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Reviews of Recent Media

Kaja Draskler + Susana Santos Silva
Intakt INT391

Fred Frith + Susana Santos Silva
Laying Demons to Rest
RogueArt ROG-0125

Seven and a half minutes into the single epic track comprising Laying Demons to Rest, Susana Santos Silva’s trumpet comes to rest on a G. Mundane in and of itself, the note is then repeated, but of course, repetition addresses hardly at all the breadth and poignancy of each iteration. Each tone becomes a kaleidoscope as breath, instrument and intention conform to the improviser’s multivalent vision, rendering the respite both poignant and illusory. Both of these collaborative albums showcase Silva’s protean approach and in the company of two equally diverse musicians.

That G journeys microtonally in and out of focus, mirroring the cliffs and ravines she constructs while Fred Frith’s customary granite walls and flowing tributaries complete the massive structure and define that element of the form. The exchanges mirror the myriad states of listening that exemplify the improviser’s prerogative. The judiciously crystalline exchange opening the album comes to a natural cadence a few seconds later only to resume, building until Frith catches hold of a windy sonority, ensnaring it in loop and reverb and offering a space for Santos’ first extended flight of melodic fancy. We are treated to more traditional harmonic modes of interplay (3:50), whimsically modal excursions (5:39) and some of those delightfully pointillistic exchanges redolent of certain prototypical 1960s improv (30:47.) The peaks are as thorny as the meditative troughs are serene and wistful. Through it all, environment shifts with the staggering focus of protean effect, and it’s a testament to Silva’s timbral acumen that she and Frith continually transcend, in gorgeous tandem, annotator Tim Hodgkinson’s vision of a delicately impactful kind of metaphorical descent.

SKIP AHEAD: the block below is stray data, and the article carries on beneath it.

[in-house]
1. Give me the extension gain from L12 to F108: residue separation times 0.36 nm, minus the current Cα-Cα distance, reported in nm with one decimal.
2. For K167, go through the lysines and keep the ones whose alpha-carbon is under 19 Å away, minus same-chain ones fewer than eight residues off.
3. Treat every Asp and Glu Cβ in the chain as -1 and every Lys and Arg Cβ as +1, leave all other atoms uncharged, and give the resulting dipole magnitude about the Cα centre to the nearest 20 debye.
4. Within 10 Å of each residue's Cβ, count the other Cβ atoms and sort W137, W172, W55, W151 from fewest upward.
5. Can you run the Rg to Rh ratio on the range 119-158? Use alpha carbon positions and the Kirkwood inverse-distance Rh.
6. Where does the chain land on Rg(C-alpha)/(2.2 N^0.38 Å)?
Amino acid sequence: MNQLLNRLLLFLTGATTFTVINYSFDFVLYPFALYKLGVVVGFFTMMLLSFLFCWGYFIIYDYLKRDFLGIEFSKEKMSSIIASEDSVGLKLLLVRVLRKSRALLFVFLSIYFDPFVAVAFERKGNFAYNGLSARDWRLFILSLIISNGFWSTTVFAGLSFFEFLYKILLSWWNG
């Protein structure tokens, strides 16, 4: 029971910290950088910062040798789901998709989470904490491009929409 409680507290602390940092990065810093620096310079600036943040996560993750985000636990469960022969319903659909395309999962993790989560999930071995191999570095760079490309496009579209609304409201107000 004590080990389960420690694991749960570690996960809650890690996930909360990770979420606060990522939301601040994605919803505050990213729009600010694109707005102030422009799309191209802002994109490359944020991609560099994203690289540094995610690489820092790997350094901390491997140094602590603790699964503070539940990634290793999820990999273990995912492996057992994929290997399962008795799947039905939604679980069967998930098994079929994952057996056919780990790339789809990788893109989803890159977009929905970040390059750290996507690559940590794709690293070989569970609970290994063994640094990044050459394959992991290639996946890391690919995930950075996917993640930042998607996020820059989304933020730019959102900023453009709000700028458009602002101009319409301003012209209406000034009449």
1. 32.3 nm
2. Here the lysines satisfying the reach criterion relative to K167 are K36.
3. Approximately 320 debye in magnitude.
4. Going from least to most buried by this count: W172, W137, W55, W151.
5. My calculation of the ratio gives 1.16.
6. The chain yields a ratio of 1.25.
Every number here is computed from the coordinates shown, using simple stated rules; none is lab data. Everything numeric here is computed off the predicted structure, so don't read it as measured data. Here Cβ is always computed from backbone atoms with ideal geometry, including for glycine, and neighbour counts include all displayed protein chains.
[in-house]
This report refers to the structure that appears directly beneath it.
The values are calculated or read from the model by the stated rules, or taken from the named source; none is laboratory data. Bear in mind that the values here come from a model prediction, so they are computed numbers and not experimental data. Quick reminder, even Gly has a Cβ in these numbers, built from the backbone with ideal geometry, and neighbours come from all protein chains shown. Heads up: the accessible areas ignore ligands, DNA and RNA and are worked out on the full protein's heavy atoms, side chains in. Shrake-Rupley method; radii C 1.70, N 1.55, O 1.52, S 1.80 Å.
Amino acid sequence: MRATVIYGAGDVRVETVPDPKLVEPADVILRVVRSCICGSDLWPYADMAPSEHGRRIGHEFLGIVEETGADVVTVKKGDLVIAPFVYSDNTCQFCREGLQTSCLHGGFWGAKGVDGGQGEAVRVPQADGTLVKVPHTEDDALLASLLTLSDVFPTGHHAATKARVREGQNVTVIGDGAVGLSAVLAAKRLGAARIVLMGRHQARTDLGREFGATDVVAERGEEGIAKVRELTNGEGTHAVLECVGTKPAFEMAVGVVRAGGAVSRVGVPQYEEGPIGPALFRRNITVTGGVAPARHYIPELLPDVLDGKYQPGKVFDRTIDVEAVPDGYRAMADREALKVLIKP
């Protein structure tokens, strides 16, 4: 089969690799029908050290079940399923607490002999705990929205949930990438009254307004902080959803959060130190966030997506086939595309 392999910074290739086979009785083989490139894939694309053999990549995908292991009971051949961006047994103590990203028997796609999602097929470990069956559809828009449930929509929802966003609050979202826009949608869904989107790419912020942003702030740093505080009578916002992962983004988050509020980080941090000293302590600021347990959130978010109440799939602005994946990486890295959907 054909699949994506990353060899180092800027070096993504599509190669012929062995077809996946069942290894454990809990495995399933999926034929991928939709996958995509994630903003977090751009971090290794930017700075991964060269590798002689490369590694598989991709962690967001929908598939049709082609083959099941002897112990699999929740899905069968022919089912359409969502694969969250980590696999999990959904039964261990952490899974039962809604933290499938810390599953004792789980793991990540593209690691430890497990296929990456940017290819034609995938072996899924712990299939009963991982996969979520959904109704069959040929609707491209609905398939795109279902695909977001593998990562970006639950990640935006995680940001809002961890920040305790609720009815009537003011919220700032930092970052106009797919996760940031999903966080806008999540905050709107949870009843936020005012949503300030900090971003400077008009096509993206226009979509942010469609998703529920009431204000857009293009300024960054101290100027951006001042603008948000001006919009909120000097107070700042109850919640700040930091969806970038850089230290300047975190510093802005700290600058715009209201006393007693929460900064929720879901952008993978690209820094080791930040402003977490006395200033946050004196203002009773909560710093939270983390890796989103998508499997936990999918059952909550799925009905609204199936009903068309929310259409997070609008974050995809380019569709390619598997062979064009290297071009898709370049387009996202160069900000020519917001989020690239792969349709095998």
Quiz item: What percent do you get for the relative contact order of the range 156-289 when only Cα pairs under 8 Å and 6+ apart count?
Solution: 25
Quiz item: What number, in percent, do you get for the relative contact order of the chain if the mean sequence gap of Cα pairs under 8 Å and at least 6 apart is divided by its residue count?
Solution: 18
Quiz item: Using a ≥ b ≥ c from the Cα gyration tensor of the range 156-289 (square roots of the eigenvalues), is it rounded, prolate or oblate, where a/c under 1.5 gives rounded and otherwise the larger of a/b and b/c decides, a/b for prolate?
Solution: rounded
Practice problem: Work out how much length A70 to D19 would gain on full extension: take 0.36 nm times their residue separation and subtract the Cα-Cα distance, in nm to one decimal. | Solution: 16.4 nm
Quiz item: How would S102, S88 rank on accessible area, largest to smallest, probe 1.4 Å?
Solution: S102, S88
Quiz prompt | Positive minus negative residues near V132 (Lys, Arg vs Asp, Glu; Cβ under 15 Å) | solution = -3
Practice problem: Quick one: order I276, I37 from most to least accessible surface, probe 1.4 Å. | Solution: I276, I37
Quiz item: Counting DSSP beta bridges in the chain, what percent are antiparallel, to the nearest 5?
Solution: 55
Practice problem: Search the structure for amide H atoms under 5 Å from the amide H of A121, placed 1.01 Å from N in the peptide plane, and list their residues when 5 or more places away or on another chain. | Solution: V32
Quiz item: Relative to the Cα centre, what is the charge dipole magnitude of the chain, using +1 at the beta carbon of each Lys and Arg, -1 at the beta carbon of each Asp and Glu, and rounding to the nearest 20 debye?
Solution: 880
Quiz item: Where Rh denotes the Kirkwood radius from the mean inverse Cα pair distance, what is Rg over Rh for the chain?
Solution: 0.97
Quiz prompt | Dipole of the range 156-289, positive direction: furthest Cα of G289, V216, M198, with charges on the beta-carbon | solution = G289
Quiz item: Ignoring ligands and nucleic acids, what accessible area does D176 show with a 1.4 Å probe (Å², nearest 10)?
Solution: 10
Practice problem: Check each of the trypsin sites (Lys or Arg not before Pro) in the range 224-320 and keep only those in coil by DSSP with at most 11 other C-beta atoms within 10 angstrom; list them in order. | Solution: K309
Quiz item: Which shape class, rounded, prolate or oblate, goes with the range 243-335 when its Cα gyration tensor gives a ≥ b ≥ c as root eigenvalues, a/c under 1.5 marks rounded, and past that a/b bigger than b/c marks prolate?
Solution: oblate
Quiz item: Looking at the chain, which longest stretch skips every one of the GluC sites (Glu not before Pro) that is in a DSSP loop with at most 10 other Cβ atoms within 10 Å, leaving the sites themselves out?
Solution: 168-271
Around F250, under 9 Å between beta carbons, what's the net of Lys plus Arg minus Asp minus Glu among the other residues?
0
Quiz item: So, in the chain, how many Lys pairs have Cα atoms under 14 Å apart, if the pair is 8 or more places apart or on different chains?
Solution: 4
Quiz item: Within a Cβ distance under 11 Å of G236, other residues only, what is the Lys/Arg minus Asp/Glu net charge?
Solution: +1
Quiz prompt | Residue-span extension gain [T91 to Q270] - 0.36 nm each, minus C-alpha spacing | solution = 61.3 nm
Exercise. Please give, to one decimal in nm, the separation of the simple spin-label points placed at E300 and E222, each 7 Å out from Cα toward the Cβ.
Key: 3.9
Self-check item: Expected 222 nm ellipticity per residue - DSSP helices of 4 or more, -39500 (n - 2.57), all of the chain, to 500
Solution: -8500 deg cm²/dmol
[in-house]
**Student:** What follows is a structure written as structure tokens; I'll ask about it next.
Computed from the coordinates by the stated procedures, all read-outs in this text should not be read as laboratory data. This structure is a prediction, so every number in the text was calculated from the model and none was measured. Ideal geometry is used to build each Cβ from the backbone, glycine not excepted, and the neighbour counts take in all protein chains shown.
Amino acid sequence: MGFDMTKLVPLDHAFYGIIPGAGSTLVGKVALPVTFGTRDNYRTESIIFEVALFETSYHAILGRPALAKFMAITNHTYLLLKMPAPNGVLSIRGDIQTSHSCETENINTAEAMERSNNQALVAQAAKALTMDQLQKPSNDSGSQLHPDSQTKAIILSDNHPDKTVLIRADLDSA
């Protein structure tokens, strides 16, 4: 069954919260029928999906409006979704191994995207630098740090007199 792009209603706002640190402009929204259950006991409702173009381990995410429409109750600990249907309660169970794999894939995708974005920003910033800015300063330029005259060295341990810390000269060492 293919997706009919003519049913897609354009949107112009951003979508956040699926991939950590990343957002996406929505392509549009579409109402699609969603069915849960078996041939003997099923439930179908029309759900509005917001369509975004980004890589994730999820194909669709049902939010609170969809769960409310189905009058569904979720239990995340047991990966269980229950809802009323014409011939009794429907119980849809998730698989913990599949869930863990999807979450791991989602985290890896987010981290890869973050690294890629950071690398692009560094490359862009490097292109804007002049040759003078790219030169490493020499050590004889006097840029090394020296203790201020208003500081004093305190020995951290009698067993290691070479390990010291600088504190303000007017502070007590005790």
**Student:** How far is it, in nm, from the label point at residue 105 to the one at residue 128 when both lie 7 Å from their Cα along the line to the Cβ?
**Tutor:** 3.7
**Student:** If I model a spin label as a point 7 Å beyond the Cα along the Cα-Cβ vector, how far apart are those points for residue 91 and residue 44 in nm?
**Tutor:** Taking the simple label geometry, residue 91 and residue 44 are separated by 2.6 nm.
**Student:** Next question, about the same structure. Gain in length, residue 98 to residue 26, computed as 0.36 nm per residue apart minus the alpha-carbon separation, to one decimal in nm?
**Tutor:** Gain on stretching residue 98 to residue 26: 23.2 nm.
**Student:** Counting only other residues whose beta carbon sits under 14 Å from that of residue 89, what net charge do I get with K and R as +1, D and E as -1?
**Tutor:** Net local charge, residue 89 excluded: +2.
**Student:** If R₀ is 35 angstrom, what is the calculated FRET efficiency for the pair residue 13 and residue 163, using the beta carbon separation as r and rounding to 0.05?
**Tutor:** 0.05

The title of Santas’ new duo disc with pianist Kaja Draksler implies the opposite kind of motion, though the music is equally multifarious, obscuring the sentiment. Draksler’s very personal approach to the prepared piano, inaugurating “Moonrise” with luminous micro-intervals, is complemented by Santos’ similarly microtonal warbling, inter-octave leaps and emphatic trills. “Close”’s opening gives new meaning to the word vibrato, encompassing it in various shades and by dizzying degrees as Draksler’s percussive trills resonate in sympathy, supported by the purely resonating strains of what sounds like an Ebow. The music’s parabolic trajectory hypnotizes as it energizes. “Liquid Rock” embodies all of its title’s dichotomy, craggy piano innards thumping ascent while Santos steams the whole works with pitched air, a gesture later adapted by Draksler’s fluid arpeggiations. To hear her nascent tones finally made manifest, as at 3:23, provides instants of resolution amidst those ever-evolving piano vibrations, but the eventual fragmentation ensures that no respite outstays its welcome. At another pivotal moment, against a similarly vibrant backdrop of harmony in flux, Santos emits a heroic fifth, and then, another series of iterated G’s but with an entirely unique character, a shout, an exhortation in flux worthy of the album’s appellation.